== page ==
Select Page

Running for the good of nature and our planet

Running for the good of nature and our planet

THE FEMALE competitor crossed the finishing line before promptly placing her hand over her mouth, blowing out her cheeks and staggering to the nearest shrubbery, where she promptly bent over and… you can imagine the rest.

DSC_5384If this is what running can do to you, count me out. At 95 kilos, the only time I ever bent double in sport was in the front row of the scrum where I invariably clashed heads (sometimes deliberately) with the opposition.

DSC_5447I digress. I am in the Marais Poitevin, the second largest temperate zone in France and the fifth in Europe. Nestled between the Altantic Ocean and the town of Niortes in Deux-Sevres, this spectacular area so popular with nature lovers is known as the ‘Green Venice’. Over 90,000 hectares of marshlands are criss-crossed by small canals; water passageways to a secret, labyrinthine world of enchantment, where birdsong carries through the still ash and poplar trees. If ever there was a place to de-stress, then I have found it in bountiful supply.

DSC_5383This is the location for the Maraisthon, a play on a word for a marathon event unique in Europe, as it is entirely based around sustainable development and ecology. It is also the first sporting event in the world to have a charter of ten ethical points.

DSC_5385The event, now in its sixth year, is centred around Coulon – the unofficial capital of the Green Venice – in the Marais Poitevin.

DSC_5434The Maraisthon was the brainchild of co-president Jean Marc Giraud, who wanted to create an event in which it was possible to discover the stunning scenery of Marais Poitevin, with riverside trails normally only discoverable by water. “I went on a boat ride and found myself in a place of total fulfilment. I had this sudden feeling of well-being, and that started the whole thing,” he told me.

DSC_5405“I thought there might be a way to organise a race with a theme of sustainable development and nature. I then developed an ethical charter based on the Kyoto Protocol to organise the race.” The Charter covers ten key points – la denomination (name), le situationnel (situation), le materiel (hardware), le consommable (consumables), l’assistance (assistance), la logistique (logistics), le partenariat (partnership), le village nature (village nature), la sensibilisation (awareness), l’action (action).

DSC_5392According to M.Giraud, the Maraisthon is not so much focused on raising money for ecological causes, as it is about making people aware of ecology. “This is the first marathon which goes so deeply into this approach, and we are trying our best to promote this fact. The aim is not to moralise, but rather to make people aware and adopt a positive attitude; to encourage rather than anything else.” M. Giraud has a background in sports organisation, including having run the French track and field championships in 2007. He has since allied this experience with his passion for the environment.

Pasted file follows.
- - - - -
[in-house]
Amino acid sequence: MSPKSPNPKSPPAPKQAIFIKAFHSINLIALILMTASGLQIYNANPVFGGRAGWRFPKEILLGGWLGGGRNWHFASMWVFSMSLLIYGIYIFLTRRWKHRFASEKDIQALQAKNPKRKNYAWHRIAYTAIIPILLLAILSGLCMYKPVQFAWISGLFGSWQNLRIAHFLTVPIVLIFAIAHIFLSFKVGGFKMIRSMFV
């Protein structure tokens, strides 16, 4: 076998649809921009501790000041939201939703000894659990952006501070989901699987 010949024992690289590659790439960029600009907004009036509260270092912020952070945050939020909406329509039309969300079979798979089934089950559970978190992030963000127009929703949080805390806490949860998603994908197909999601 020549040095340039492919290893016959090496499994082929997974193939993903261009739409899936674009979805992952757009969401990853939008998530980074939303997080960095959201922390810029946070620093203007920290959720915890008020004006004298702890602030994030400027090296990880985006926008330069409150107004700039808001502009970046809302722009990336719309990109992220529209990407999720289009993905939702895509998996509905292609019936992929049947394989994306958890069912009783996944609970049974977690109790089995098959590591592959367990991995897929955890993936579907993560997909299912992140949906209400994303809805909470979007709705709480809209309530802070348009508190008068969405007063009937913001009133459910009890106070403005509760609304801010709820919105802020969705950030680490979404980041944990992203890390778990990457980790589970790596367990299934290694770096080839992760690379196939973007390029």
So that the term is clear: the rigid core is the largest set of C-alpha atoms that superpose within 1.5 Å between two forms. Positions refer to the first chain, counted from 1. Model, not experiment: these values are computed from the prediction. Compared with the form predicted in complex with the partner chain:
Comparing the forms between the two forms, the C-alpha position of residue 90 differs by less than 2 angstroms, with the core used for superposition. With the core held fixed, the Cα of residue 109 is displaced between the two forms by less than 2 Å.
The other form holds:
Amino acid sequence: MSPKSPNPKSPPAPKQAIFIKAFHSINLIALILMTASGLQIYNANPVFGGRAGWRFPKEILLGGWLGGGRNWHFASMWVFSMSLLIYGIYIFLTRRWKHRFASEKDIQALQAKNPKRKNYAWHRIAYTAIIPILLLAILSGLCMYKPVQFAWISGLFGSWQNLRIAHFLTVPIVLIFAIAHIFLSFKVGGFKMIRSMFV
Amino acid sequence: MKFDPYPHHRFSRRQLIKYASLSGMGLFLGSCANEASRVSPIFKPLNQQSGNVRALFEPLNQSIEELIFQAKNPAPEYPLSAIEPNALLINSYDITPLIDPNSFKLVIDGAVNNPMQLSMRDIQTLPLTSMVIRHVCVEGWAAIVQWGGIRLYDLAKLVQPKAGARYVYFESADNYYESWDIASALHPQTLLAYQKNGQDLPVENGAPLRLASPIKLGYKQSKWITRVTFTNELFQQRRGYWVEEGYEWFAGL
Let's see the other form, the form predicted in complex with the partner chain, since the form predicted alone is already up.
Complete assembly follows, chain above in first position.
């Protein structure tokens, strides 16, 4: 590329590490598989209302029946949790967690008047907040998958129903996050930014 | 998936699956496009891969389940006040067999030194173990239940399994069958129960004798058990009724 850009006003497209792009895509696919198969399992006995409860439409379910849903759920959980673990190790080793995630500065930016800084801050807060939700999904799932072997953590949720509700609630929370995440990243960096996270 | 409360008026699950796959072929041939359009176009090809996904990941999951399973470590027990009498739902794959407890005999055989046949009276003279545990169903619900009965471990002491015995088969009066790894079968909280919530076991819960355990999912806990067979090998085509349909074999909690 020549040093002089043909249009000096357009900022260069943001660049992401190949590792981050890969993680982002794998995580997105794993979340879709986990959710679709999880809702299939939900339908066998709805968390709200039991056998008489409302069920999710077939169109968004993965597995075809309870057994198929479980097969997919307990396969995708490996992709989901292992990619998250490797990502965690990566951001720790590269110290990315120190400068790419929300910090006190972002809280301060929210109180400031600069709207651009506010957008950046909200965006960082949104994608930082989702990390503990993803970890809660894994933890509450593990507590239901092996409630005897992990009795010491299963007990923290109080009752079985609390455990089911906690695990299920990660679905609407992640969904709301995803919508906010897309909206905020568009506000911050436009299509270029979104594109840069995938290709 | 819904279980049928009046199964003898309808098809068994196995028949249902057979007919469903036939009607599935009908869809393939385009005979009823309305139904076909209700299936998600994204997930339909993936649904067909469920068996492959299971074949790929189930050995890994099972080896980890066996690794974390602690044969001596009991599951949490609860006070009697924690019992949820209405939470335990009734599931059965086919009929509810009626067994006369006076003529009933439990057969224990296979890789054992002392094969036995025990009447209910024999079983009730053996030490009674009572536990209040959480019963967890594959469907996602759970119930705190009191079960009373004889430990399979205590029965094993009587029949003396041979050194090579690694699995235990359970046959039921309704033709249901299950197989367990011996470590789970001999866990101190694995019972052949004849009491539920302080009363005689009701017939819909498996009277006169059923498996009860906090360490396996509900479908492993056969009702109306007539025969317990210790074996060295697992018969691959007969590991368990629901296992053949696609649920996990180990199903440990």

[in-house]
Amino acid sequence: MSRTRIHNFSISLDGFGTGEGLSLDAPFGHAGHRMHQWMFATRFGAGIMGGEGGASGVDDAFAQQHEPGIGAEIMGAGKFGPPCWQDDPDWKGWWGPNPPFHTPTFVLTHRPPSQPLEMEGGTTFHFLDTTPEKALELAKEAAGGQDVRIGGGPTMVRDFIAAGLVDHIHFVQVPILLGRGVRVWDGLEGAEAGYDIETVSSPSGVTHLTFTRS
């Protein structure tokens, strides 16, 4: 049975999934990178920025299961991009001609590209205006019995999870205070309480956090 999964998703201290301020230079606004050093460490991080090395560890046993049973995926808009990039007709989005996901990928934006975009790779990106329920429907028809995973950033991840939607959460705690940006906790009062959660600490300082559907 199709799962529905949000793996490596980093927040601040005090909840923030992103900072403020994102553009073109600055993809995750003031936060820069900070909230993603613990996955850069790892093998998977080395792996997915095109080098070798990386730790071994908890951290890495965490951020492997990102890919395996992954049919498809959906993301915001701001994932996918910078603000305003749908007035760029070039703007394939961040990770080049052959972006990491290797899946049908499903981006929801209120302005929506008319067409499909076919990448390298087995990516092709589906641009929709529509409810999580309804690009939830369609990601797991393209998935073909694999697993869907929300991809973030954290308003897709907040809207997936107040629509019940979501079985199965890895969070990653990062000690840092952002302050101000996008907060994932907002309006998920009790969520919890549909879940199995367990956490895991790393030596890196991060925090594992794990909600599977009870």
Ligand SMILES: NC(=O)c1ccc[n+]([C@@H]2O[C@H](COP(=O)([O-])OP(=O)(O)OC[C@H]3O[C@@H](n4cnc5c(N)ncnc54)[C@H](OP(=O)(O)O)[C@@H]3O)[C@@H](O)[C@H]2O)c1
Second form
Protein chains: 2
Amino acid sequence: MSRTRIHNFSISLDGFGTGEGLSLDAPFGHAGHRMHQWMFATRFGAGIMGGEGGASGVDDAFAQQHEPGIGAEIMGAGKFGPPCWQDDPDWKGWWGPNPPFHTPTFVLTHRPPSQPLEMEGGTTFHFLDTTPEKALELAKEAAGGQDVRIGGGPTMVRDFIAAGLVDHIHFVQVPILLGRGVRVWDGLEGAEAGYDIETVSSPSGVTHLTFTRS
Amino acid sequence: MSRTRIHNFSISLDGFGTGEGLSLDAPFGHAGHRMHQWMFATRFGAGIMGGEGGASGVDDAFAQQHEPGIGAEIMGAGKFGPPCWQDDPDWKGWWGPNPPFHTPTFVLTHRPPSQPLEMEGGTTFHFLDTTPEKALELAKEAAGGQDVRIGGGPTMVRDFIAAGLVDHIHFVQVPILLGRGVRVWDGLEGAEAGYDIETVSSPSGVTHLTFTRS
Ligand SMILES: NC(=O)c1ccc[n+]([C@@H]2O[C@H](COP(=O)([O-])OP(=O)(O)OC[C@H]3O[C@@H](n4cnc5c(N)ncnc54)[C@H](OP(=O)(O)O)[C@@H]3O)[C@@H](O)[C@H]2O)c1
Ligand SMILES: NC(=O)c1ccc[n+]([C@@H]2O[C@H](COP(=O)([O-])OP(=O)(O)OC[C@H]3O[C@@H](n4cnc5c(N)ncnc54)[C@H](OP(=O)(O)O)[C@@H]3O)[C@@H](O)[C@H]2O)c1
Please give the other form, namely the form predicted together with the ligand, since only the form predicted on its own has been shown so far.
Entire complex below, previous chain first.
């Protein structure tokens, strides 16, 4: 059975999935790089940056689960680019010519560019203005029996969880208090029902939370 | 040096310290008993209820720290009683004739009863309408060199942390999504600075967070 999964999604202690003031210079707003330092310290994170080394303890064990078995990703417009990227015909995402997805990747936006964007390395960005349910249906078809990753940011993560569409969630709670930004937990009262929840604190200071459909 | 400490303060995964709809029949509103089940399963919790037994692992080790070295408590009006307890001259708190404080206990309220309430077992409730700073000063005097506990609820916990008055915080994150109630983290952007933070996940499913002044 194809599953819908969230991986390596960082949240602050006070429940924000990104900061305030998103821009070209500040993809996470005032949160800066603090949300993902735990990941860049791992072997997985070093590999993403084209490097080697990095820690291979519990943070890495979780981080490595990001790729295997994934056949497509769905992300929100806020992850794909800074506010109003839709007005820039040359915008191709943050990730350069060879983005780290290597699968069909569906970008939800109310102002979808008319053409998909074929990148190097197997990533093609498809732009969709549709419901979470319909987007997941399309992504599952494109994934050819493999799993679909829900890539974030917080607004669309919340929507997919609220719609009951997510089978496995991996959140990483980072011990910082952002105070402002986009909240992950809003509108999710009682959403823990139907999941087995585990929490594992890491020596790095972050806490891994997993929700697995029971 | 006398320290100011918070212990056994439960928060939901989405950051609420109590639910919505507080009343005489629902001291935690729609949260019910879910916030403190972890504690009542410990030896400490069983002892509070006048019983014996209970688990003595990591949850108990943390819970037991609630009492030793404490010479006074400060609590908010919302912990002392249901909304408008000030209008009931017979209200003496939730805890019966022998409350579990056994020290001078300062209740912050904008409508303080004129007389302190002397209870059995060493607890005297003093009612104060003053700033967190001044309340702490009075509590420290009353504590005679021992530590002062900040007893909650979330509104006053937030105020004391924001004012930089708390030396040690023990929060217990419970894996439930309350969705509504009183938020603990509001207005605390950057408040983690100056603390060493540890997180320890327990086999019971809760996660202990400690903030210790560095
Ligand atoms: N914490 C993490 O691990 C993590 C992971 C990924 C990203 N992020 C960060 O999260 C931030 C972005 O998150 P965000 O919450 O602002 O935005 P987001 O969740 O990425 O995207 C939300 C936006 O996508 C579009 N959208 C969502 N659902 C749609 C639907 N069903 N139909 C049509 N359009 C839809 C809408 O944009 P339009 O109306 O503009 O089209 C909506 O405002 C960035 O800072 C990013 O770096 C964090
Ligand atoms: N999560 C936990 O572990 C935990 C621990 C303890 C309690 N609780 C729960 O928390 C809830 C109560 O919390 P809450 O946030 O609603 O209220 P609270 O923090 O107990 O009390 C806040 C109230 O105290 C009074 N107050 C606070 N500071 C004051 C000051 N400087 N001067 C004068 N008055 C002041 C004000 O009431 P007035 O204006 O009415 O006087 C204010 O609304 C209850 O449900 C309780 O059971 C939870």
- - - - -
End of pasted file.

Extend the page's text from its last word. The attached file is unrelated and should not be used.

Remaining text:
DSC_5394The event generates 34 tonnes of CO2 emissions, which equates to €750 in carbon offsetting. The organisers donate this money to the Group for the Environment, Renewable Energy and Solidarity (GERES), which supports ecological initiatives around the world. In 2009, the Maraisthon’s inaugural year, the money went towards solar panels in Tibet, while last year it helped combat deforestation in Mali.

DSC_5441The organisers try to be as ecologically sound as possible, down to the smallest detail, such as using natural rope fibres to hang banners, which are all recyclable. All partners and suppliers are chosen for their ecological credentials, as there are numerous events taking place around the Maraisthon weekend, including jogging mornings with a bio-breakfast; guided nature tours; an exhibition which focuses on the relationship between CO2 and water; and a bio market.

DSC_5432Competitors are asked to use recyclable or biodegradable materials. At the culmination of the event, a serious post-race clean-up campaign helps to limit any effects on the fragile environment from waste products. “In the first year of the race, the medals were made out of nougat without preservatives,” said M. Giraud. “They were edible, provided they were consumed within six months of the race!”

  • All images ©Essential Journeys/Michael Cowton
  • Reservations and information – To book or for more information, visit Voyages-sncf.com, download the free app, call 0844 848 5848 or call into the Voyages-sncf Travel Centre at 193 Piccadilly, London W1J 9EU. You can also book through hundreds of appointed travel agents throughout the UK.
  • For more information on the Marais Poitevin, Deux -Sevres and Poitou-Charentes visit www.visit–poitou-charentes.com and www.tourisme-deux-sevres.com
  • For the Maraisthon visit www.maraisthon.fr
  • Watch out for more stories on this region of France in my blogs and in the forthcoming second issue of the e-magazine

About The Author

Mike Cowton

Michael Cowton, an outdoors writer, editor and photographer with a passion for nature-based travel and wildlife. He is a former editor of EcoTravel, Outdoor Pursuits, Camping, Lakeland Walker and Which Motorcaravan magazines, and national newspaper journalist.

Leave a reply

Your email address will not be published. Required fields are marked *

Latest Videos

Loading...

Professional Memberships

Pin It on Pinterest

Share This

Share this post with your friends!